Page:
Global energy and commodity price reporting agency Argus Media on Wednesday (15 January) issued a report highlighting some of the first violations to have emerged in Chinese waters since the implementation of IMO’s 0.5% sulphur cap on 1 January:
Chinese maritime authorities have caught at least three vessels using marine fuel that exceeds International Maritime Organization (IMO) standards, in some of the first violations to have emerged since the IMO’s 0.5pc sulphur cap took effect on 1 January.
A South Korean container ship was found to be using fuel oil with sulphur content exceeding the 0.5% compliant level on 8 January. The vessel was travelling from Incheon port in northwest South Korea to Weihai port in north China’s Shandong province.
Similar incidents have taken place in Shandong province’s Qingdao and at Xiamen in south China’s Fujian province. In those cases, vessels were discovered by local maritime authorities to be using or carrying fuel oil that failed to meet the IMO standard.
Marine insurer the Standard Club said the vessel in Qingdao was found to be burning fuel oil with sulphur content of 0.68%. The second vessel was berthed in Xiamen when it was cited by China’s maritime safety administration (MSA) with burning non-compliant fuel, although Standard Club said this was likely the result of high-sulphur residue remaining in the engine system.
The IMO made it mandatory for all vessels to use marine fuel with maximum 0.5% sulphur from 1 January, compared with 3.5% previously.
China’s cabinet the State Council announced in October that it would ban international vessels using marine fuel with more than 0.5% sulphur content in the country’s territorial waters from 1 January. The cap was set at 0.1% sulphur in some inland waters. China has also banned open loop scrubbers in the country’s emission-control areas.
It is unclear whether the MSA will fine the vessels for the violations, Standard Club said. Chinese regulations allow for fines ranging from 10,000-100,000 yuan (SGD 1,500-15,000) for IMO 2020 violations.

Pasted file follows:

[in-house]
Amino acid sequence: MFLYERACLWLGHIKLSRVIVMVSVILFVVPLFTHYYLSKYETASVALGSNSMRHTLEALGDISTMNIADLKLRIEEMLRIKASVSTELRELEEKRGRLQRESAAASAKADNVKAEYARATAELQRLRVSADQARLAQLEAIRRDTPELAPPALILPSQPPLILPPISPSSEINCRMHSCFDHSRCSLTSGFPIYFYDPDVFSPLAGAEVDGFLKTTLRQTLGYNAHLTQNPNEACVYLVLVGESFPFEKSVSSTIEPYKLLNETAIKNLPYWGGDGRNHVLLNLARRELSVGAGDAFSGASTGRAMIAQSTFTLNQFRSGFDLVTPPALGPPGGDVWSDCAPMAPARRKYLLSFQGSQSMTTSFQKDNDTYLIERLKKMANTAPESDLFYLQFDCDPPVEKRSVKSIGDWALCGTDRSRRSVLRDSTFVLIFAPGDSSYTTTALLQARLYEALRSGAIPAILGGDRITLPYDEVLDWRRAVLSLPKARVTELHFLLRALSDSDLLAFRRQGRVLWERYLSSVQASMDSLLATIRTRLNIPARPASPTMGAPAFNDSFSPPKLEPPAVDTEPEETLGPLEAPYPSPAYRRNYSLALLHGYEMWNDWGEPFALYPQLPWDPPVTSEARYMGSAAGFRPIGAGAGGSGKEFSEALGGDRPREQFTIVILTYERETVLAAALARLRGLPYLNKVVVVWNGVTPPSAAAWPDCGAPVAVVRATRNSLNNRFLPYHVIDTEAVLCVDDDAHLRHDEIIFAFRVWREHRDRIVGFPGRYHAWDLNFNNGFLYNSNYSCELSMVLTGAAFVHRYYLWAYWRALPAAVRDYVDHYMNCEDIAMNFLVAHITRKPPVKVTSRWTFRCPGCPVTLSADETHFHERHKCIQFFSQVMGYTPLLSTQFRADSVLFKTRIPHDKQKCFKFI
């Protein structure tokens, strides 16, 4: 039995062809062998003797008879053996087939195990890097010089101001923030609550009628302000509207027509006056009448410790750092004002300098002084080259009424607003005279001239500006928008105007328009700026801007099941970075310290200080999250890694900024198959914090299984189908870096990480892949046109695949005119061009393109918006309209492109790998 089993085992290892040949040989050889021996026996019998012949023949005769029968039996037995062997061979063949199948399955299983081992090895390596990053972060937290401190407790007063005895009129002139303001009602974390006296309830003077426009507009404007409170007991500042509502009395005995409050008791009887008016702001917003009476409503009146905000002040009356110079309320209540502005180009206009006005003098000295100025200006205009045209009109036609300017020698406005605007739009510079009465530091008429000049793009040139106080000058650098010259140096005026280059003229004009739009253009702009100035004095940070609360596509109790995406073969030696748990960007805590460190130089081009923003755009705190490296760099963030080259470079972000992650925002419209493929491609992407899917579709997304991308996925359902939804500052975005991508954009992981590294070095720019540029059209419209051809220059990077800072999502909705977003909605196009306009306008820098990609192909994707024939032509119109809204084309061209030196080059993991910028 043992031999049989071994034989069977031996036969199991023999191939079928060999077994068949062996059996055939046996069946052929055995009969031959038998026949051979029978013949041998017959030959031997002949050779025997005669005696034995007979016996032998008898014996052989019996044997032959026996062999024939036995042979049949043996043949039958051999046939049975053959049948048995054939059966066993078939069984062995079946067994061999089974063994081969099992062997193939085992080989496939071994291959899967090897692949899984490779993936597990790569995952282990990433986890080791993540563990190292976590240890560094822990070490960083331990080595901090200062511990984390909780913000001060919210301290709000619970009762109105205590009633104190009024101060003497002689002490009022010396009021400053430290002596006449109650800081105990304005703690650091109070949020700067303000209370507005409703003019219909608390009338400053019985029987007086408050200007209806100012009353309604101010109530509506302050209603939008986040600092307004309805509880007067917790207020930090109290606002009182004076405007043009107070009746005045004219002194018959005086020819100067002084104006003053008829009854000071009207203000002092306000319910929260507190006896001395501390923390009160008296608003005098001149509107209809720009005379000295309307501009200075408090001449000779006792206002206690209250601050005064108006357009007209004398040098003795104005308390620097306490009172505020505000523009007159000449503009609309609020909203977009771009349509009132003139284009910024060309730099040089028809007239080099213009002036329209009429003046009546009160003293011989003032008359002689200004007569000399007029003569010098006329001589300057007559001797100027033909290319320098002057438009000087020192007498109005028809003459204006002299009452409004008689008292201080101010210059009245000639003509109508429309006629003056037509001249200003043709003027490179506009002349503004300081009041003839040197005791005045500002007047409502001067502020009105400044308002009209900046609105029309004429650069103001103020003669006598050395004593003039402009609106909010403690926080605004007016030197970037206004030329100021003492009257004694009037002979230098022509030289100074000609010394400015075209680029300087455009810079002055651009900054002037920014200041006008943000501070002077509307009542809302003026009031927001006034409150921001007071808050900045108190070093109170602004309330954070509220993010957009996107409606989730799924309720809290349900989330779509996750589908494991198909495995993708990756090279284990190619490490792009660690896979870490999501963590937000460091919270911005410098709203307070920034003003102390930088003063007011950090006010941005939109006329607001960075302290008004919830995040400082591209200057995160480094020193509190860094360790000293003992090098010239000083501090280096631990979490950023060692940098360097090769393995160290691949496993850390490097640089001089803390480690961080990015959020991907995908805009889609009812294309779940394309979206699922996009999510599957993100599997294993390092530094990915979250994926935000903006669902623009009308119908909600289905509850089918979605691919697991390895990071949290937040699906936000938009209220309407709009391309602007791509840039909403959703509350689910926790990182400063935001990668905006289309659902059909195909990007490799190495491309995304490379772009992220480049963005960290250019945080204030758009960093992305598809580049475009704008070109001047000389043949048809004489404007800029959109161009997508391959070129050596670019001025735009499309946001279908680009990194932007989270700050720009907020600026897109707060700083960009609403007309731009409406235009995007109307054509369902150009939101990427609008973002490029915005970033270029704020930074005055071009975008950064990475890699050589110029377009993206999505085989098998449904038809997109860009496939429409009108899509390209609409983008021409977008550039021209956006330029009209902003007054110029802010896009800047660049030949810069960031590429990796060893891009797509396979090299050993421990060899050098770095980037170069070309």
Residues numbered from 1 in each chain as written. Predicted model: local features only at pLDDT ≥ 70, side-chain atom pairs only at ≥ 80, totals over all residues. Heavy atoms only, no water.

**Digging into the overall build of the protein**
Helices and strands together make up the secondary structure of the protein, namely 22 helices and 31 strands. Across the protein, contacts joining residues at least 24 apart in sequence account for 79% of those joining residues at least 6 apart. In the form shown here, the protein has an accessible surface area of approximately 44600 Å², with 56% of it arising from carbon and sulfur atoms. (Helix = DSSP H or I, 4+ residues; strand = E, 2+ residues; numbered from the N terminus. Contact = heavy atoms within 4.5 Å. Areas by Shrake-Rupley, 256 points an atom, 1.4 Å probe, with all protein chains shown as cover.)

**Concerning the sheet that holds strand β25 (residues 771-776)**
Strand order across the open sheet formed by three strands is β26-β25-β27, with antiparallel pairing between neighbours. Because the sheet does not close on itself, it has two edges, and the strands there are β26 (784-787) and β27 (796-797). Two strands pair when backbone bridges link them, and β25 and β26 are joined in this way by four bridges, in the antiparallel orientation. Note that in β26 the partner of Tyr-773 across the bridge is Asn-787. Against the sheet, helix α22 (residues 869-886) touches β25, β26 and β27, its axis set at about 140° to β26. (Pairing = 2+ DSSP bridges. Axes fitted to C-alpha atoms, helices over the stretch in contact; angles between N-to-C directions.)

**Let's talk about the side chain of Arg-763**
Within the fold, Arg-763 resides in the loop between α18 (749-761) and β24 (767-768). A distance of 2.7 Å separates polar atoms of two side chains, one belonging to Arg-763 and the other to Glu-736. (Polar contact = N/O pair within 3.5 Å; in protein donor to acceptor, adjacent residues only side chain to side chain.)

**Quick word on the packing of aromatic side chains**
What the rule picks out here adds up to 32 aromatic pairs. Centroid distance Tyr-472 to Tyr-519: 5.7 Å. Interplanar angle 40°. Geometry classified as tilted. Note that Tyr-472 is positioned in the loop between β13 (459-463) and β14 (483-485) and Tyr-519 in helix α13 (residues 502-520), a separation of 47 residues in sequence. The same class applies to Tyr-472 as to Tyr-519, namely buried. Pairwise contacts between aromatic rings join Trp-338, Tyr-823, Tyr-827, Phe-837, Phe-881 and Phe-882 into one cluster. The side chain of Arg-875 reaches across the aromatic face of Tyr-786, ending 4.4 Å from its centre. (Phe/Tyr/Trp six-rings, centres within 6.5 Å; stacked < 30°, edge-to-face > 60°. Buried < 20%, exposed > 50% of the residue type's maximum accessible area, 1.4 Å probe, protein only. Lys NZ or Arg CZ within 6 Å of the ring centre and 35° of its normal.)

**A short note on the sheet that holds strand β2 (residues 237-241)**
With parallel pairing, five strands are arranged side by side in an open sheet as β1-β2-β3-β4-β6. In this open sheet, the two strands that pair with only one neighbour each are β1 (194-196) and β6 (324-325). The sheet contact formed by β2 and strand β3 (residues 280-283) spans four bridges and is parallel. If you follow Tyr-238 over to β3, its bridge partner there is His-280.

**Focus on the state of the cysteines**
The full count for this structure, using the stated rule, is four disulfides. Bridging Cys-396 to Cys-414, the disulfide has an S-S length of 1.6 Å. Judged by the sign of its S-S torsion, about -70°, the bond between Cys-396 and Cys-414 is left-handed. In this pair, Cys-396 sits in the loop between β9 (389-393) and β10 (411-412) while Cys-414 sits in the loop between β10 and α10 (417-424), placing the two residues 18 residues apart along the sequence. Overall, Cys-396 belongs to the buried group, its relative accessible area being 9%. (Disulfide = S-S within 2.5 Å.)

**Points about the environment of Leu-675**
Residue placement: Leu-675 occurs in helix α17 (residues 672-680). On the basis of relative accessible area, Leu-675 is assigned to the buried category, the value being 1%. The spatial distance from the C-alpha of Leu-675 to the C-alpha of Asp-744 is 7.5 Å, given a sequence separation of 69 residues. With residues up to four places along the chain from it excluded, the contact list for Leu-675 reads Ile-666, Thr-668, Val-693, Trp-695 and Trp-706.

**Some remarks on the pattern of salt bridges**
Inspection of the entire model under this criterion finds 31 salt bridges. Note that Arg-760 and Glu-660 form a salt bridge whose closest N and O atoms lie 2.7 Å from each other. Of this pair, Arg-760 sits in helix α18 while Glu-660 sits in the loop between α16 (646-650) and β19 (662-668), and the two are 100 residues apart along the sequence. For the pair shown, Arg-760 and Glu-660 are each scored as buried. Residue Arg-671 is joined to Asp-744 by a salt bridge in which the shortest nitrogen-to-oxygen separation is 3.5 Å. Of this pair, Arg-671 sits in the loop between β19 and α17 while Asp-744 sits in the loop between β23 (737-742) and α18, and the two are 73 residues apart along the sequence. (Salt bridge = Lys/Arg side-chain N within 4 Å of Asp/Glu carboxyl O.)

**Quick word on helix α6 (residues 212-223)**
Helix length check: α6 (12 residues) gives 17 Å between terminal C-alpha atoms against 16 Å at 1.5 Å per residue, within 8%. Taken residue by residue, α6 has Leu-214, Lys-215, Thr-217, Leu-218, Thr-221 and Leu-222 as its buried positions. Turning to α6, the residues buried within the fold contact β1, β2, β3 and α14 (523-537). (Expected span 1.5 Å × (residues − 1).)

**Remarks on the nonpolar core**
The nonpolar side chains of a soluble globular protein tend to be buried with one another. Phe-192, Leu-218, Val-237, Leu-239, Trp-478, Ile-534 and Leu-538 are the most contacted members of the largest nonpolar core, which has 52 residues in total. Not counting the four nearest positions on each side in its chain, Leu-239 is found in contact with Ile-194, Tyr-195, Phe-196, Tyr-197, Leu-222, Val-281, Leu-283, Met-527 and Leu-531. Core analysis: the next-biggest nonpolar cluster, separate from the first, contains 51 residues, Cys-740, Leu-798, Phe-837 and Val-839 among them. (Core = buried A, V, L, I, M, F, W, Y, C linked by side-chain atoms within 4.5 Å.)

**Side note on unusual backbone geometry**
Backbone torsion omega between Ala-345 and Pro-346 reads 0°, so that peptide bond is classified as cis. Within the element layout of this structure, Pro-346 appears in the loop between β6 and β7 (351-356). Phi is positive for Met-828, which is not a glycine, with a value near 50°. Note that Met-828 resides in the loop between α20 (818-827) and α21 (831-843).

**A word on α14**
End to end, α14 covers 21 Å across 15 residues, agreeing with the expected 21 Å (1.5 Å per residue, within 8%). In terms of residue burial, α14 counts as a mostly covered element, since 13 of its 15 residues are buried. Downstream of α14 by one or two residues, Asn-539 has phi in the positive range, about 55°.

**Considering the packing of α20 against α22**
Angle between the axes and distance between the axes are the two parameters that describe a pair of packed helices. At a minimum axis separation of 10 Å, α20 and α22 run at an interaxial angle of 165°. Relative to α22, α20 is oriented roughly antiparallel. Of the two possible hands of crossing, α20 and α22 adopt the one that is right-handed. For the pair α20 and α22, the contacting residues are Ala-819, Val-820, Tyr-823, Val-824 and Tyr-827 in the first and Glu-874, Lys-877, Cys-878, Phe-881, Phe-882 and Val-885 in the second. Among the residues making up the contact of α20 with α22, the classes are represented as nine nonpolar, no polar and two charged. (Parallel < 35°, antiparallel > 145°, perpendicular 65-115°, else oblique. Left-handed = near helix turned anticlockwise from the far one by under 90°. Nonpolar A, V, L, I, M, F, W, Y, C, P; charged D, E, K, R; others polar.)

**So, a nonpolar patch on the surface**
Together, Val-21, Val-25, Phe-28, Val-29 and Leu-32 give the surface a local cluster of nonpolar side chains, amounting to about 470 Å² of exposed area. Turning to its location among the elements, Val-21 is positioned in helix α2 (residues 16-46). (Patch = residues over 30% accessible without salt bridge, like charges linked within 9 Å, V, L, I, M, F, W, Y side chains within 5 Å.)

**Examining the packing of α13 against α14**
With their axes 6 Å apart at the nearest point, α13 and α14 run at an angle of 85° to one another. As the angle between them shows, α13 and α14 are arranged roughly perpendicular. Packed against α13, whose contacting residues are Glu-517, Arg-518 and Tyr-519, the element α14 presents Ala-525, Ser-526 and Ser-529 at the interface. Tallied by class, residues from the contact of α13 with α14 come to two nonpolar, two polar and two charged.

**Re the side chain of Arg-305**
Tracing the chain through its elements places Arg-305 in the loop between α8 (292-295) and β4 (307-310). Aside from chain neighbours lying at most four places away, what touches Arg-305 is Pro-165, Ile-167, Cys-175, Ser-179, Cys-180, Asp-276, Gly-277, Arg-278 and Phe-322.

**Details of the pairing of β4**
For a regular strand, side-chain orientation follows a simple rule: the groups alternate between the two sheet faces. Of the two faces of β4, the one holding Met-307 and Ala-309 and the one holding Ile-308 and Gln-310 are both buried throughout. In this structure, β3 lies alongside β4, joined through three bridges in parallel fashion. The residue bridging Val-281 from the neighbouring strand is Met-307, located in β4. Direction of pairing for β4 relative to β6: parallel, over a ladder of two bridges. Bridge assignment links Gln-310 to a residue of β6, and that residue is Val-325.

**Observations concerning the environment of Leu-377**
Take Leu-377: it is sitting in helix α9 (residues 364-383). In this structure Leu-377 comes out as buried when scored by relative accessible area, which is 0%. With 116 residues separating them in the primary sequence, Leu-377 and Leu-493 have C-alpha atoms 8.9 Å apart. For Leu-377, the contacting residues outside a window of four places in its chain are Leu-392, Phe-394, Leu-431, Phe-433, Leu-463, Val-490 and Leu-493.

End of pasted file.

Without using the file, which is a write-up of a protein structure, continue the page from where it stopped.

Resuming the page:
Shipping company Maersk yesterday called for strong enforcement and market-appropriate fines to deter non-compliance with the sulphur cap. Many major shippers have pledged to abide by the IMO 2020 regulation, but its enforcement mechanism remains unclear.
Source: Argus Media
Published: 16 January, 2020
The local bunkering sector has adapted to IMO 2020 requirements and LSFO is now available at more than two earlier locations, notes bunker supplier Trillion Energy.
Claiming USD 108,887.87 for the supply and delivery of 310.00 mt of low sulphur marine gas oil at the Port of Jeddah on or about 23 February 2020.
A sanitisation expert offers Manifold Times a summary of the processes involved in disinfecting a ship together with the equipment and products used in the operation.
‘As the saying goes without people buying things, manufacturing will slow, trade will also slow and shipping movements slows down. It’s a whole chain of reaction,’ says Simon Neo.
Laboratory looking to collaborate with Singapore bunker surveyors to roll out COVID 19 testing service, which has been successfully adopted by land-based industries, to the maritime sector.
Sinfeng Marine Services filed an application to the Court of Appeal to withhold information from the liquidators on October 2019; the appeal was dismissed a month later.